A legal complaint is the first pleading filed in a civil lawsuit. A complaint alleges that a defendant has wronged a plaintiff, whether intentionally or unintentionally and that the plaintiff is entitled to recourse under the law. Some courts provide plaintiffs with standard complaint forms to complete. The content, format and style of a complaint depends upon the local rules of the court.
Consult the local rules of the court. There are different standards for pleadings, depending on the jurisdiction. For instance, federal court complaints must establish jurisdiction through a statute. Complaints filed in state court are often required to include certain headings and captioned information, such as jurisdiction and venue. Rule 8 of the Federal Rules of Civil Procedure provides guidelines for complaints filed in federal court.
Indicate the style of the case. The style of the case is the party names, in the format of “Plaintiff vs. Defendant.” Importantly, you must list all plaintiffs and defendants. In subsequent pleadings, it will suffice to list only the first name of the plaintiff and defendant, followed by “et. al.”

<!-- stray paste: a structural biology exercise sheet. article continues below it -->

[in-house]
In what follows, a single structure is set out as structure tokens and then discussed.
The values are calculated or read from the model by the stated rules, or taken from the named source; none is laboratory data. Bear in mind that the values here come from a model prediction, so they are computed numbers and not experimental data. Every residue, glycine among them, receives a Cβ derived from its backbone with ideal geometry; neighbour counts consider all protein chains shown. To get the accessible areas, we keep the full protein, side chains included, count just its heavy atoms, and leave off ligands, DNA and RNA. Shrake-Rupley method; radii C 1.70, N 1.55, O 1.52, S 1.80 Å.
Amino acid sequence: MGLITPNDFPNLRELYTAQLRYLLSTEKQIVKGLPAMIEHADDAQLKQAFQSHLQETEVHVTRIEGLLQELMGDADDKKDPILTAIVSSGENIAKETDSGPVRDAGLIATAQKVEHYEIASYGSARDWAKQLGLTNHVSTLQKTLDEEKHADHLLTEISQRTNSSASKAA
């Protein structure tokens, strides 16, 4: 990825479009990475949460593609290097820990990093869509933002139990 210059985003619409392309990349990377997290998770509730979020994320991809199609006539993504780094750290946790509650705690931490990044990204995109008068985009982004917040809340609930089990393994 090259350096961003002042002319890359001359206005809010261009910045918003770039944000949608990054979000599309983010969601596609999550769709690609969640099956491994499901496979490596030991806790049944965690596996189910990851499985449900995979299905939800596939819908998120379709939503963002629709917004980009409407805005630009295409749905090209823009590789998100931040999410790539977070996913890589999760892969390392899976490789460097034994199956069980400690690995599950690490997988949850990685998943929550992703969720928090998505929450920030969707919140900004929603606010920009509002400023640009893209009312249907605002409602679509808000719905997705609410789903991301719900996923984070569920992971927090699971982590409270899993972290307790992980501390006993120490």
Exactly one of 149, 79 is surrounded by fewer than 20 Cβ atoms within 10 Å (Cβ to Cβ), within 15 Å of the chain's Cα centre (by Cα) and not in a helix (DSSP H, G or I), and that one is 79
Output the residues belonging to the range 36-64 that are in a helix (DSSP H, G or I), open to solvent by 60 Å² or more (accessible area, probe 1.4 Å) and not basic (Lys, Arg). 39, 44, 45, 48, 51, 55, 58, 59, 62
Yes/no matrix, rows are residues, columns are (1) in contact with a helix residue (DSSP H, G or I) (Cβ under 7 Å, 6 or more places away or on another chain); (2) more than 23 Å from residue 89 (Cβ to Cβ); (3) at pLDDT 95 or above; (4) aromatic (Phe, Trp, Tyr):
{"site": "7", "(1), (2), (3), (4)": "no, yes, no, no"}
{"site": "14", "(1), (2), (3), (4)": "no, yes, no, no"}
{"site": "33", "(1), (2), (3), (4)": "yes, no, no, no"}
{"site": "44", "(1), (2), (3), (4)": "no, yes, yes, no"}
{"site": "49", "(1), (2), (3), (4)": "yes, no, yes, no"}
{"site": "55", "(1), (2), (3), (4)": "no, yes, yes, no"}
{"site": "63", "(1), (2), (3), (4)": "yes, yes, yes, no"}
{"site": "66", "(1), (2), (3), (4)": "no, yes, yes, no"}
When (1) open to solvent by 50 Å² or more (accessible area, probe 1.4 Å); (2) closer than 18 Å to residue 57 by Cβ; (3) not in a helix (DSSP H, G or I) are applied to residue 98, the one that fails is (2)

Cite the code(s) or statute(s) entitling you to relief under the law. State all the facts establishing the cause of action.
State the prayer for relief. The prayer is simply what recourse (often monetary) you're seeking from the defendant. For instance, if the complaint relates to a motor vehicle accident in which you incurred damages, the prayer would indicate the financial compensation for which you claim the defendant is liable.
Sign the complaint. Some jurisdictions require that the complaint be signed in the presence of a notary public commissioned by the state in which the complaint is being filed. Certify service by signing again underneath a paragraph indicating that a true and accurate copy of the complaint is or will be served upon any and all defendants according to the rules of the jurisdiction.